A successful April Fools’ Day post really can skyrocket engagement and broaden audience reach.
April 1 is the perfect time to embrace humour and show your business’s lighter side, as well as being an opportunity to increase brand recognition and web traffic.
The annual custom gives you a reason to break with the usual marketing rules in order to go viral – crafting fake content, writing absurd headlines and even promoting fake products.
Savvy marketers have realised it’s important to come up with an idea that’s only faintly believable, so that the vast majority of your audience isn’t really taken in but still appreciates your efforts enough to share, comment and like.
Concepts that sound a little too plausible are likely to be skipped, bring you negative engagement or bad publicity and won’t bring your business the viral boost you’re hoping for.
Here are five of our favourite April Fools’ posts from brands that have really resonated with audiences in recent years.
A tall story
Dating app Tinder racked up more than 3.6m views with a social video claiming they were introducing height verification to all profiles in order to ‘bring truthfulness back into the world of online dating’.
As with many of these examples, very few users actually fell for the prank, but Tinder showed creativity by taking a common gripe from the dating world and having fun with it to boost their viewing stats and engagement.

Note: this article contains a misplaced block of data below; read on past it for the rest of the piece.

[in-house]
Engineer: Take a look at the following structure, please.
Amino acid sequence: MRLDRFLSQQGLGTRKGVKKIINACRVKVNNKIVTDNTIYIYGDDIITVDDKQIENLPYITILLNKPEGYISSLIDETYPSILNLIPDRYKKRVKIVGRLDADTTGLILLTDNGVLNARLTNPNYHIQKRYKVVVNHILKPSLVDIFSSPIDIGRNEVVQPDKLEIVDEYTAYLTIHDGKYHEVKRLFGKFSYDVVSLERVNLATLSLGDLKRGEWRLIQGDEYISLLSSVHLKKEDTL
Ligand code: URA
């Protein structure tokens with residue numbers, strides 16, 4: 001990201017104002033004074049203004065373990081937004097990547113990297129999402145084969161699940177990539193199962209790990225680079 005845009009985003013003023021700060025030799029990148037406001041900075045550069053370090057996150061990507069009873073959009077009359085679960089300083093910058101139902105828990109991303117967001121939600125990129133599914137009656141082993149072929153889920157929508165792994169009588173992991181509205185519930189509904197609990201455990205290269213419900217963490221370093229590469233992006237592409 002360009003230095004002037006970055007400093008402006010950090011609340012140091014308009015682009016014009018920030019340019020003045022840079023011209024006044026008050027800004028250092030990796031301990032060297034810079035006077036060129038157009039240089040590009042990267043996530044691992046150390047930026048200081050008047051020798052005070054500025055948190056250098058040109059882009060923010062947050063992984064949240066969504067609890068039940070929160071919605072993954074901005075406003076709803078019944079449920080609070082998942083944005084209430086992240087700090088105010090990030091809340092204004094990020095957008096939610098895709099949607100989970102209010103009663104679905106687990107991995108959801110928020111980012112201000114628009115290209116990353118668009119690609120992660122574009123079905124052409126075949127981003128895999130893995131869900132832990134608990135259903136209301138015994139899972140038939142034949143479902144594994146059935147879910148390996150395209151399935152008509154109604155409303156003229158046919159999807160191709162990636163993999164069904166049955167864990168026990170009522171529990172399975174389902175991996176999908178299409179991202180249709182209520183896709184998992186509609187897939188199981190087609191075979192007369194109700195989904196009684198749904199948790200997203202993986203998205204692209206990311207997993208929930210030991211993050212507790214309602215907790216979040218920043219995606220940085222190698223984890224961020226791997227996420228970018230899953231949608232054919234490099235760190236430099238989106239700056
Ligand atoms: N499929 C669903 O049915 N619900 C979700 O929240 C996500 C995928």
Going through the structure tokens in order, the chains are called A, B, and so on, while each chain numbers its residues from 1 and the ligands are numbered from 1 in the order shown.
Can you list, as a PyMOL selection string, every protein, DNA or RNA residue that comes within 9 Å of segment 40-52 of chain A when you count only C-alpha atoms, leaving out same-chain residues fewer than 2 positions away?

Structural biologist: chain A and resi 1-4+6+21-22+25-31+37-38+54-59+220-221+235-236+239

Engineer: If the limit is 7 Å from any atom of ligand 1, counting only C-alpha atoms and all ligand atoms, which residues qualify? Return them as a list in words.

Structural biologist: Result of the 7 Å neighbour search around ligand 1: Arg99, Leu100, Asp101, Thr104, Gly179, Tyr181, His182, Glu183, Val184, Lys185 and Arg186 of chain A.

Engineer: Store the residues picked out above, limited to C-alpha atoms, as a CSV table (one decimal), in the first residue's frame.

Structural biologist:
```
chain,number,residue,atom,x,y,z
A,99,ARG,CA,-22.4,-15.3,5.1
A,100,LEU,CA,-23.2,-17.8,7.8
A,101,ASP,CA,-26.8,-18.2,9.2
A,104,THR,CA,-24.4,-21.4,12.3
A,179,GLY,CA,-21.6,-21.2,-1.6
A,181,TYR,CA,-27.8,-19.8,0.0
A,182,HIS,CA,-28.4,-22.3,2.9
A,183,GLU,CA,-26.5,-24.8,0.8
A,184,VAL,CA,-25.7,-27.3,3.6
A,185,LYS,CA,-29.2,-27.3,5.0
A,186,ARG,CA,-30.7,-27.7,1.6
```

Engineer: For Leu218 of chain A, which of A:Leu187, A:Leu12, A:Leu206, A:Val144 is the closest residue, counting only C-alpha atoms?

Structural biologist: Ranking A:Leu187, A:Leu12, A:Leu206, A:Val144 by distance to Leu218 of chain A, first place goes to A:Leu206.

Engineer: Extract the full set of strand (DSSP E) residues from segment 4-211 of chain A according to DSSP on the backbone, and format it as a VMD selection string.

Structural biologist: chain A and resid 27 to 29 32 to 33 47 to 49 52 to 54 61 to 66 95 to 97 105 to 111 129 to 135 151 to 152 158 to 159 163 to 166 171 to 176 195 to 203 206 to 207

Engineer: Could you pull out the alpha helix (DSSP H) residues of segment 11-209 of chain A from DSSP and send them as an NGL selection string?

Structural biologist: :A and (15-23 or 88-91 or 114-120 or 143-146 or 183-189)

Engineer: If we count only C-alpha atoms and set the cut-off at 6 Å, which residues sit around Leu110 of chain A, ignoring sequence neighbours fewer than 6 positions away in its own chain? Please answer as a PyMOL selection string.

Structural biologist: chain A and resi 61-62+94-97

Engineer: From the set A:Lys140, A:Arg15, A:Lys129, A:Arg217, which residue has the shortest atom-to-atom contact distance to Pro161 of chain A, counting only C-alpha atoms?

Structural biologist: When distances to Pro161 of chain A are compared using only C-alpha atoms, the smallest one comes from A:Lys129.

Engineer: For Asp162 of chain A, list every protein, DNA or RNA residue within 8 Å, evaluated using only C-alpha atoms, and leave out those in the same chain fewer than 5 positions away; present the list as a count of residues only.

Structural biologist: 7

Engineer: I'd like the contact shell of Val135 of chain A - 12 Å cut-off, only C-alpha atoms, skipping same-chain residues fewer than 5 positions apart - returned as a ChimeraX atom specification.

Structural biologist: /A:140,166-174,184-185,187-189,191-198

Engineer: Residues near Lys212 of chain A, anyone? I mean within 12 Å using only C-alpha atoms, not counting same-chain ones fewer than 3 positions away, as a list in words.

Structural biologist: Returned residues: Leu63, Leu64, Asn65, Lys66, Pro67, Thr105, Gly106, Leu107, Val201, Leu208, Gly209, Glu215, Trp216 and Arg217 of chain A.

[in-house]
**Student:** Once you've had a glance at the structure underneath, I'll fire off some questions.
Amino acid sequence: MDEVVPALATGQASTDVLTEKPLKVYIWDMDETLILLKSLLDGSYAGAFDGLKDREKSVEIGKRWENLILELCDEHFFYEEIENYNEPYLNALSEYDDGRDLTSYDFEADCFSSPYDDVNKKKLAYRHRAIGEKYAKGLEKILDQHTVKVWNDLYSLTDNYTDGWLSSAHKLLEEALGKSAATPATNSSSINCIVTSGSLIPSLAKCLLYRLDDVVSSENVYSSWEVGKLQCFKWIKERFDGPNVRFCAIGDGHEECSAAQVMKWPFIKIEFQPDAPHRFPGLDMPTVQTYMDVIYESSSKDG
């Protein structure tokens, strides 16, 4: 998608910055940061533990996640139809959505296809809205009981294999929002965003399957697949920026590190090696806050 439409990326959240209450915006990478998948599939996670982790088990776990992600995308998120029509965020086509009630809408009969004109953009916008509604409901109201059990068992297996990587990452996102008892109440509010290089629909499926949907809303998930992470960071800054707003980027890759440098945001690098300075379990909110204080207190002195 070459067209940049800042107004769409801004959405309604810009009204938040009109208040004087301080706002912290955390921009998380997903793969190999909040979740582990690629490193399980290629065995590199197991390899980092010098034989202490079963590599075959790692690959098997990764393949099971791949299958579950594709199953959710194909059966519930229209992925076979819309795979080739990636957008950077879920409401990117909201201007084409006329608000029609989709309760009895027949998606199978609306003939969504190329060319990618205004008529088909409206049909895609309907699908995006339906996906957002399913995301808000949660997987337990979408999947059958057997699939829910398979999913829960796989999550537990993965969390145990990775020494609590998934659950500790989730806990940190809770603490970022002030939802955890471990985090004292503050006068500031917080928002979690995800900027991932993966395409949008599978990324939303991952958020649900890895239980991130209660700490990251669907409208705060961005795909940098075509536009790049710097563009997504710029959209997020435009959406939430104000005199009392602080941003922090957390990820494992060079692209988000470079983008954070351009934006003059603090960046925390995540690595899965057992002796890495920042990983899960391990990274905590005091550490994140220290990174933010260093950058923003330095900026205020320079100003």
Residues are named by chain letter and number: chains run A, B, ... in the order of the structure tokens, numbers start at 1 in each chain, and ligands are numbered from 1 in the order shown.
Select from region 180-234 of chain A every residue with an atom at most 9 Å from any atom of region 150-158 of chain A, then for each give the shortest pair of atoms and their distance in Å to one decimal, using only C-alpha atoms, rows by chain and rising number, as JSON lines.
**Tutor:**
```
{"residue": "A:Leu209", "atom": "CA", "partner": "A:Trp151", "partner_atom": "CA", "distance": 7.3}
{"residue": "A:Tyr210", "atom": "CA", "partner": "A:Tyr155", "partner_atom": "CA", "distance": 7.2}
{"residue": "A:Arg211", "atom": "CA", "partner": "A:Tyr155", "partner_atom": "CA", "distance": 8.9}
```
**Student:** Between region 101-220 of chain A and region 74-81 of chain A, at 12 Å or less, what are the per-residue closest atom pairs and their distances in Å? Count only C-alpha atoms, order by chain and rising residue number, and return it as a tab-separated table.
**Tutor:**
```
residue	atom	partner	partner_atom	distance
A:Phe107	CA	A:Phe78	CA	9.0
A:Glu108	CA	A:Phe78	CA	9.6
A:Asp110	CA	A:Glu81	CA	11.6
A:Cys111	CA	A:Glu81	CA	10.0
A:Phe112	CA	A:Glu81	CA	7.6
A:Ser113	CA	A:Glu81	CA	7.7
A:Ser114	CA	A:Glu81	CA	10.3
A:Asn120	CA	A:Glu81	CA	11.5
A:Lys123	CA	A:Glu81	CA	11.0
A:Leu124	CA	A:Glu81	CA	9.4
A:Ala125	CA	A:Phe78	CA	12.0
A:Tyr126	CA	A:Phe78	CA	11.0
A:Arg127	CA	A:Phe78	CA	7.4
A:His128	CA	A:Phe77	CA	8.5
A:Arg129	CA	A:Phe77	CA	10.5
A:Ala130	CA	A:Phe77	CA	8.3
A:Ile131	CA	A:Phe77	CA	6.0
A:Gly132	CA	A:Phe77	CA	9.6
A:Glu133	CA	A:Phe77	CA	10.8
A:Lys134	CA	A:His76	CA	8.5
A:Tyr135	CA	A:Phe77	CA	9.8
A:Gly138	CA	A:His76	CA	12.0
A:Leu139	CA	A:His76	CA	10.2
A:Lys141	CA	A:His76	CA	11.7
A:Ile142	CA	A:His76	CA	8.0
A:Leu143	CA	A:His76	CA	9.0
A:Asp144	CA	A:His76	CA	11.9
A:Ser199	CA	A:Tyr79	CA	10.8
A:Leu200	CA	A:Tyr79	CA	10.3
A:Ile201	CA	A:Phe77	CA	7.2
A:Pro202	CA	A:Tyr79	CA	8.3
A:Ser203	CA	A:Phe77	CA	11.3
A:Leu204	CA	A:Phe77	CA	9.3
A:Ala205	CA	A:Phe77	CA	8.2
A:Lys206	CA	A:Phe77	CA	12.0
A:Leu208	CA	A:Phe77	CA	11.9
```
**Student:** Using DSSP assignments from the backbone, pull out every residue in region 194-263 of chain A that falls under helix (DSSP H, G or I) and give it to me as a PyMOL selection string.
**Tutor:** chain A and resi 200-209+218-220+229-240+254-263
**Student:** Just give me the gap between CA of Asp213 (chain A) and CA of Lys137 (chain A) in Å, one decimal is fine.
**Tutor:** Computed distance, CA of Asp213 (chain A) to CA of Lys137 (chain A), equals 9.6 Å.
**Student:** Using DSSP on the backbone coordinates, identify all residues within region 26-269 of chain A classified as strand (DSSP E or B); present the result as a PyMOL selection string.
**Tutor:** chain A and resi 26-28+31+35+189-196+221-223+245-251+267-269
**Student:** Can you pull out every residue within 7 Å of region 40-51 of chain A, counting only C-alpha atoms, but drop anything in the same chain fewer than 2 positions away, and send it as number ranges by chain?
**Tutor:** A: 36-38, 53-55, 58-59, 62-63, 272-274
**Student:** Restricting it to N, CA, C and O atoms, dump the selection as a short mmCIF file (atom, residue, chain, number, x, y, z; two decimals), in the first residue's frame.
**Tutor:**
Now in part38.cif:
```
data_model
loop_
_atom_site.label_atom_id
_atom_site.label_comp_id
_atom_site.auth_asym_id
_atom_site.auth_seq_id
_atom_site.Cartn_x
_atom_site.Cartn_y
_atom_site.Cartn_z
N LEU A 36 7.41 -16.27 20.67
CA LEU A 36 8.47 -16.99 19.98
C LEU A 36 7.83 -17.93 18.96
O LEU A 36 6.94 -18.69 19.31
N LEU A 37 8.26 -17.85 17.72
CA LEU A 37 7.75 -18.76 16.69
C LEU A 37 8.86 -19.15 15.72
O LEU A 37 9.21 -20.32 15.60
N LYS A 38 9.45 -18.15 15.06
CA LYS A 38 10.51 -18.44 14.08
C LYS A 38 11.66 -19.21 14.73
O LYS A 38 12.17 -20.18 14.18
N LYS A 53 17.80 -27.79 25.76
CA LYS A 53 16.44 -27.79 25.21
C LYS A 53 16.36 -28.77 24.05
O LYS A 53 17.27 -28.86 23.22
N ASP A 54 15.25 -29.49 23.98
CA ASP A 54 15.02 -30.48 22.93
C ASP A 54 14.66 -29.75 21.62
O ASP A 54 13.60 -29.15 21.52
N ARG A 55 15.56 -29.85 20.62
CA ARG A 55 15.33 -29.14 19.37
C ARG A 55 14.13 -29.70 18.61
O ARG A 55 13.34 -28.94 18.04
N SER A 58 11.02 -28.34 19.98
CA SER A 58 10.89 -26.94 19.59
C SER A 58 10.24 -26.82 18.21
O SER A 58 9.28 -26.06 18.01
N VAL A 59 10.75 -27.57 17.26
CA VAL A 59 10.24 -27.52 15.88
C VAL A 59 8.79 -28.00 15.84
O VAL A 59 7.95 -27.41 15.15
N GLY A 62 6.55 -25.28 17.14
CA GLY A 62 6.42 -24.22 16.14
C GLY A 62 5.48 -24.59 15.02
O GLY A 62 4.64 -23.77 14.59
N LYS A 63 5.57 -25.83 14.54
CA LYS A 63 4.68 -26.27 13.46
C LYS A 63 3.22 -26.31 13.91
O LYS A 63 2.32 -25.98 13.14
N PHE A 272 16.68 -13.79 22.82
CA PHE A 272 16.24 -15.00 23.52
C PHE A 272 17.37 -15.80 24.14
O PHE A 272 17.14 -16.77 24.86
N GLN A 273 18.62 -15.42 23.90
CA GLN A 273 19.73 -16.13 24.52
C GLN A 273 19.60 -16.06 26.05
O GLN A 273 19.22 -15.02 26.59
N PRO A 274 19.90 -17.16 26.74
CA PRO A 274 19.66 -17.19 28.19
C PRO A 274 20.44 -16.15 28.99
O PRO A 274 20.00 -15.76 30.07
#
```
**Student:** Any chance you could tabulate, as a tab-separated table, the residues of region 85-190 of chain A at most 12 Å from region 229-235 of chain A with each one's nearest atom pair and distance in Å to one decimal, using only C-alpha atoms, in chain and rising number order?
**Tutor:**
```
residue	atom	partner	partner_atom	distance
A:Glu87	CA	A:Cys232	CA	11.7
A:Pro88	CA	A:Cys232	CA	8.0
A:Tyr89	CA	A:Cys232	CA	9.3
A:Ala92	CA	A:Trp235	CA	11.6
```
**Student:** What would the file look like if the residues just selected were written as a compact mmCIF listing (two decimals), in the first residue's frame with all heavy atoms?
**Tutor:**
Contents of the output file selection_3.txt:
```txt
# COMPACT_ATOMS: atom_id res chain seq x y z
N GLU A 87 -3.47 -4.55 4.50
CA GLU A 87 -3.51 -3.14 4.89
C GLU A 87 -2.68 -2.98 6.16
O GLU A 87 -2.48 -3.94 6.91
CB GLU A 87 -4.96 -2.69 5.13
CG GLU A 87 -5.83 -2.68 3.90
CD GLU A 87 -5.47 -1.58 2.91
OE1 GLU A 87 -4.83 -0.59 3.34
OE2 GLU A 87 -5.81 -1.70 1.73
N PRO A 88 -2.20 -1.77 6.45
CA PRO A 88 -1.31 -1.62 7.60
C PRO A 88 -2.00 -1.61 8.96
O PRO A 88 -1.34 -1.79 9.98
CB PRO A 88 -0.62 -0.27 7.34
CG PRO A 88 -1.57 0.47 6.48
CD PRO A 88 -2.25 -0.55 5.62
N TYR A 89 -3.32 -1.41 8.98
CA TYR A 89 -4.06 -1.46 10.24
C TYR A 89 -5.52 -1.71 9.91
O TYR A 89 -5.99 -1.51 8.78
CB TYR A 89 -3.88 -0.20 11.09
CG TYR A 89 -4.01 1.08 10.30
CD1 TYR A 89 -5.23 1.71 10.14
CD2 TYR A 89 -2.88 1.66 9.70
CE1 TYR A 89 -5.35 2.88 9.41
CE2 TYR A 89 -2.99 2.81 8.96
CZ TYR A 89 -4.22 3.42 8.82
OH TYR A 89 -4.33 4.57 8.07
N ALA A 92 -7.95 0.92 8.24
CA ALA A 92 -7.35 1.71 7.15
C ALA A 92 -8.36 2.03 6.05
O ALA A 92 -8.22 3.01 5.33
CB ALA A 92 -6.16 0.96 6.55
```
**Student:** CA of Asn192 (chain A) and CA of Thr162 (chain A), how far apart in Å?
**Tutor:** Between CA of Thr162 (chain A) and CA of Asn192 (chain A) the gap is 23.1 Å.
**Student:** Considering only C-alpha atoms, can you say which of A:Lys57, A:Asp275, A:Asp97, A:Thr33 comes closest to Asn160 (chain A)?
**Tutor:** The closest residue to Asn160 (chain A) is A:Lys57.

A licence to print money
PayPal’s claim that they were giving users the ability to print money through their mobile app raised a few eyebrows on April 1, 2018.
A simple three-sentence tweet, complete with an intriguing image, prompted a multitude of comments and gained them thousands of likes. This low-risk, high-reward post shows what’s possible with minimal outlay of time or resources.
Hugs all round
This well-planned April Fools’ campaign increased the social capital of media company WildBrain, who own the Teletubbies brand.
Their initial tweet about launching an official Teletubbies cryptocurrency attracted more than 36,000 likes, and the link it contained explained that whilst it wasn’t real, the more users shared the fictitious cryptocoin with friends and family, the more cash they would donate to a children’s charity. This is a great example of an April Fool’s Day concept that benefits not only the brand involved but the wider community.
Shaken and stirred
This tweet from 2019 really got people talking.
Apparently aimed at a unique subset of people who ‘love to dip their fries in their milkshake’, McDonalds’ 15-second video was viewed 875,000 times and attracted thousands of replies from consumers, most of whom realised it was a spoof but appreciated the joke, despite a stomach-churning shot of strawberry milkshake being poured over a portion of fries. Short and memorable, two staples of the Golden Arches’ menu were catapulted into the timelines of thousands of users, bringing the brand plenty of exposure for very little outlay.
Deepest, darkest Twitter
Who can forget when the news broke on the official Twitter account of Paddington that he no longer liked marmalade? This modest, single tweet last year picked up more than 151,000 likes from fans who clearly appreciated the absurdity of the message. This April Fools’ Day joke was perhaps the hardest to believe.
Paddington will always like marmalade.
We’re no fools…
While it’s important to get your messaging right at key points in the calendar, your social media posts shouldn’t only be focused on a handful of major events.
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